SEVENTEEN SCHOOL GIRLS AND MATRON DIE IN TUVALU DORMITORY FIRE

EIGHTEEN SCHOOL GIRLS AND MATRON DIE IN TUVALU DORMITORY FIRE

By Michael Field

AUCKLAND, New Zealand (March 10, 2000 – Agence France-Presse)---A tipped over candle has set a girls dormitory ablaze killing 18 teenage girls and a woman on Vaitupu atoll in the Pacific nation of Tuvalu, Prime Minister Ionatana Ionatana said in a state broadcast Friday.

Two sisters were among the dead aged between 14 and 17 who came from seven different atolls in Tuvalu, a Polynesian nation of 10,000 people north of Fiji.

The building was wooden and the atoll, home to around 1,300 people, had no fire fighting equipment.

The girls were all attending the government secondary school at Motufoua on the atoll.

Ionatana announced the news in a brief statement and was due to leave Friday afternoon aboard the government patrol boat from the capital Funafuti to Vaitupu, three hours sailing to the north.

Vaitupu has no airport.

It said the fire was caused by a candle in the dormitory, which tipped over. The girls were unable to get out because doors were locked.

The matron who died in the fire was trying to free the girls.

None of the bodies could be identified and all would be buried Saturday at the school.

The girls came from Funafuti (two), Naunumea (four), Nui (three), Vaitupu (two), Nanumanga (three), Nukulaelae (two) and Niulakita (one). The matron came from Vaitupu.

The school was established in the 1920s by a New Zealand schoolteacher, Donald Kennedy, who during World War II won international fame as a coastwatcher and guerrilla fighter in the Solomon Islands.

Vaitupu is the second most populous island in Tuvalu and a number of its people live in Kioa in Fiji, where they bought land in the 1940s.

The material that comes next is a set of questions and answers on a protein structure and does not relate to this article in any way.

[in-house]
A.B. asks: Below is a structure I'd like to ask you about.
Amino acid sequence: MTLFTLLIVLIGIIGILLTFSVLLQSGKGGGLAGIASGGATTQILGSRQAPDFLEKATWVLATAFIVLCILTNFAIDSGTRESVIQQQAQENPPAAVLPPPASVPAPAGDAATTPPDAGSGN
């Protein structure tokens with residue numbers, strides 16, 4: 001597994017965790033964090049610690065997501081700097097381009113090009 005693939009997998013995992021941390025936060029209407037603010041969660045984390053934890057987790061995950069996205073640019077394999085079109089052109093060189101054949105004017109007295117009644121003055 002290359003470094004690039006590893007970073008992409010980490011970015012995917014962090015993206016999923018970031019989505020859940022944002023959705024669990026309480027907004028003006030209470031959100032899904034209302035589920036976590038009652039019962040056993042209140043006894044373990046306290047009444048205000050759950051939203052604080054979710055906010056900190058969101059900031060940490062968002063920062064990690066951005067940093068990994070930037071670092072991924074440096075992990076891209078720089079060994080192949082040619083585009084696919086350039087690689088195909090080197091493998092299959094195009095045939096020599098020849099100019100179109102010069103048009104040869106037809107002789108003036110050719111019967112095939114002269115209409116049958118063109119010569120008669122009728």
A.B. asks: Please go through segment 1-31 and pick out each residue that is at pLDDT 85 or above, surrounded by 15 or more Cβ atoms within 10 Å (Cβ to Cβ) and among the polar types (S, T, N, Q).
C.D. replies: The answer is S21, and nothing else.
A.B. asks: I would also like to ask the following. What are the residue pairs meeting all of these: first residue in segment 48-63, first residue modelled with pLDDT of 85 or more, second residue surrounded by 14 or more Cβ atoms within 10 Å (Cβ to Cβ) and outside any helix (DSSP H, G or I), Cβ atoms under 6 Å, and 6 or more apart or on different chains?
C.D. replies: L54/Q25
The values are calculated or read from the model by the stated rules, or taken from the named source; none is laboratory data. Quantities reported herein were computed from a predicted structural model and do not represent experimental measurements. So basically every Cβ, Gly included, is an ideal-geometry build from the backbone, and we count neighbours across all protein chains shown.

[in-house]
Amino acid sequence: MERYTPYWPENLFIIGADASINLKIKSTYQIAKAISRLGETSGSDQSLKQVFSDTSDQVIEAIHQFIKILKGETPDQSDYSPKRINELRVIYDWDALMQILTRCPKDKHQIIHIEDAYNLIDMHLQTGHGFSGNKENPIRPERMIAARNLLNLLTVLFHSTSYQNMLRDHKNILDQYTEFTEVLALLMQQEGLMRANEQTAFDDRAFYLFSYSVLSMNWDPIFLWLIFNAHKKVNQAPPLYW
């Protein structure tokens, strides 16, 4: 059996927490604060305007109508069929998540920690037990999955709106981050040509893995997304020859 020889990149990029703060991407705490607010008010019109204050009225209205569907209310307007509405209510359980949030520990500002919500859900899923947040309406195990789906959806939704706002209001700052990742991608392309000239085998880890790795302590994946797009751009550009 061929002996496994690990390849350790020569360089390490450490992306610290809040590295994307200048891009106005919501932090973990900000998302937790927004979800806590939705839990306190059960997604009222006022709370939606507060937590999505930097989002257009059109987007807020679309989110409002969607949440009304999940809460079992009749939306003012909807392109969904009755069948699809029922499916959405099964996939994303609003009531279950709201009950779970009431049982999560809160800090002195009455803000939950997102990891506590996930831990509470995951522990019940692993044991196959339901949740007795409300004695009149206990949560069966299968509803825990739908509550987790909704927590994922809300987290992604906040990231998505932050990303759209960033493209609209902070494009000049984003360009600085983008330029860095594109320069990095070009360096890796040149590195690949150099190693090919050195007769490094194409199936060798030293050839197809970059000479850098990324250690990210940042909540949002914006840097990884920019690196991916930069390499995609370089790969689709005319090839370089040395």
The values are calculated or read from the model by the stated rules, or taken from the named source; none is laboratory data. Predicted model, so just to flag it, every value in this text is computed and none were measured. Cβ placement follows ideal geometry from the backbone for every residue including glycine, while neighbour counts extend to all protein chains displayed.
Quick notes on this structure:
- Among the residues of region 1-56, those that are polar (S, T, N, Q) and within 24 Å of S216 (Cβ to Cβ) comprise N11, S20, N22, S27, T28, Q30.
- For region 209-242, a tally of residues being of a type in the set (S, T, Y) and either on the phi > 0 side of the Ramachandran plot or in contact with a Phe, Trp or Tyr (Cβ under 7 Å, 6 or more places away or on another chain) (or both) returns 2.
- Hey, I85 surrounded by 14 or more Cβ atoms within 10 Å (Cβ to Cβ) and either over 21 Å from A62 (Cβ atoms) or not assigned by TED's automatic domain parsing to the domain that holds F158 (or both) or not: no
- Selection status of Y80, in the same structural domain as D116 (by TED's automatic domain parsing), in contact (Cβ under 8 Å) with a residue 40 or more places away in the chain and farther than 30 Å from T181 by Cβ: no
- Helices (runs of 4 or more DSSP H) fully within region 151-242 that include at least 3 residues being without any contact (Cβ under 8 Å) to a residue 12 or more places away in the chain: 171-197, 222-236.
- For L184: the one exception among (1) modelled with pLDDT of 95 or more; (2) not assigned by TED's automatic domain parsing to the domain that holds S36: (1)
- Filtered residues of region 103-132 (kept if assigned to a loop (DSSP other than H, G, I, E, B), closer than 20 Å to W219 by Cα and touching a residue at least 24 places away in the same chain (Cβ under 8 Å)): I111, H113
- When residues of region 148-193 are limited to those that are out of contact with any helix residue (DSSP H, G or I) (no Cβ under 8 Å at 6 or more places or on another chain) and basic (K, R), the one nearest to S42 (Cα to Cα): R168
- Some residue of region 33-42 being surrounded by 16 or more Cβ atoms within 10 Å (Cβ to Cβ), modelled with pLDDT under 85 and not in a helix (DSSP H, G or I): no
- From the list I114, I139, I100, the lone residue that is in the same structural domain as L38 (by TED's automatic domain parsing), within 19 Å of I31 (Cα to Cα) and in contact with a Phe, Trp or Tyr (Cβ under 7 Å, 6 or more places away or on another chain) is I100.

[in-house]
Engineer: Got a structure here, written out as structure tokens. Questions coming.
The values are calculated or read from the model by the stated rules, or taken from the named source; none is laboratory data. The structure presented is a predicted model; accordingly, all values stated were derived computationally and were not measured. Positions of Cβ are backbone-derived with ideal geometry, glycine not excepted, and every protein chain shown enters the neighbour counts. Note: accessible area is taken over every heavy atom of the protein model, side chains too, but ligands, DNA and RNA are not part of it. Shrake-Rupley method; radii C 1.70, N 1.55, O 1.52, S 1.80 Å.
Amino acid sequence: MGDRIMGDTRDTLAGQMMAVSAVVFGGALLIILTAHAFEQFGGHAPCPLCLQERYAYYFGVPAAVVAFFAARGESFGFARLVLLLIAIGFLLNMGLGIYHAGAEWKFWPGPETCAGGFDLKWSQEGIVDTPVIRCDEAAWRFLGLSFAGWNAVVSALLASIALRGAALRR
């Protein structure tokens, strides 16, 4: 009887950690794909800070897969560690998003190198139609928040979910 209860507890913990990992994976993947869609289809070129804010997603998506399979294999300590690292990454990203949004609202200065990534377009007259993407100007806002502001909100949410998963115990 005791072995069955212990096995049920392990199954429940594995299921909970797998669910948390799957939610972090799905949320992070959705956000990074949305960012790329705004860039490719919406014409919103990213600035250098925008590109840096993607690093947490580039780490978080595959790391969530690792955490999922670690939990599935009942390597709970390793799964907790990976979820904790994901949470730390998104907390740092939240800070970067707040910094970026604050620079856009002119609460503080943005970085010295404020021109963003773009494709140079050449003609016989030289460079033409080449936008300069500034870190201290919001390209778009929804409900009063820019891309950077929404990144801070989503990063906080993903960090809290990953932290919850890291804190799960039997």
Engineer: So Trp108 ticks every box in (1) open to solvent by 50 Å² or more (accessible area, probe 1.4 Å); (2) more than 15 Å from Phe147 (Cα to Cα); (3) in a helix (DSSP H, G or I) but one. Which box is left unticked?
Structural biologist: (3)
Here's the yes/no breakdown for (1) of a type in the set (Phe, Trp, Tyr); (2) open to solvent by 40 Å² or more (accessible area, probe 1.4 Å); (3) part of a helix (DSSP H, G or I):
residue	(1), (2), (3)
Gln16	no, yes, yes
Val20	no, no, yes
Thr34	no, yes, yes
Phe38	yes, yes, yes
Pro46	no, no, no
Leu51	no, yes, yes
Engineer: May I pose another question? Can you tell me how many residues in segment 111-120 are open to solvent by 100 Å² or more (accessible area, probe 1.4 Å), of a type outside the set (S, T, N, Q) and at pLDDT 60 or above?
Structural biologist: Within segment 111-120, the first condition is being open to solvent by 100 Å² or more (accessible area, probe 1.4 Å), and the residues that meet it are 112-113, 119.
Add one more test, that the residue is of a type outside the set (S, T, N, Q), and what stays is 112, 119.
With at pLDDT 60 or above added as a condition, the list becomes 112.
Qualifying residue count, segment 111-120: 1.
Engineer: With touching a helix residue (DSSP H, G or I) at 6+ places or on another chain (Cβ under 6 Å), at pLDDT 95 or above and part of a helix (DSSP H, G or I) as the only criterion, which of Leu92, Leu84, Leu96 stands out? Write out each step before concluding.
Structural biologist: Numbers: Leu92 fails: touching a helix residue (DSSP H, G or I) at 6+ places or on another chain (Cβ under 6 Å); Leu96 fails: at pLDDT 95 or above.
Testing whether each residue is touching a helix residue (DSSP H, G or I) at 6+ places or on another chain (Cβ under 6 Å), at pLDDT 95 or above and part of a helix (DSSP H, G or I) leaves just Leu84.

The country has been plunged into mourning at the worst disaster to befall the nation since independence from Britain in 1978. All government offices and shops have been closed.

Tuvalu is, however, no stranger to tragedy.

In the 1860s, slave traders from Peru seized most of the islanders from Funafuti and Nukulaelae and the few that returned came with diseases, which virtually wiped out the islands. They mostly speak Samoan today because all the indigenous speaking adults were killed.

During World War Two the Japanese heavily bombed a number of the atolls, killing locals in Funafuti and Vaitupu.

The nation also fears for its future and last month Ionatana was in New Zealand seeking permission for more Tuvaluans to migrate amidst concern that global warming and sea-level rises would swamp their islands.

Last month the U.S. State Department Human Rights Report on Tuvalu gave the nation a clean bill of health, saying "society is egalitarian, democratic, and respectful of human rights.''

Michael Field New Zealand/South Pacific Correspondent Agence France-Presse E-mail: afp.nz@clear.net.nz  Phone: (64 21) 688438 Fax: (64 21) 694035 Website: http://www.afp.com/english/ 

Rate this article: 
No votes yet

Add new comment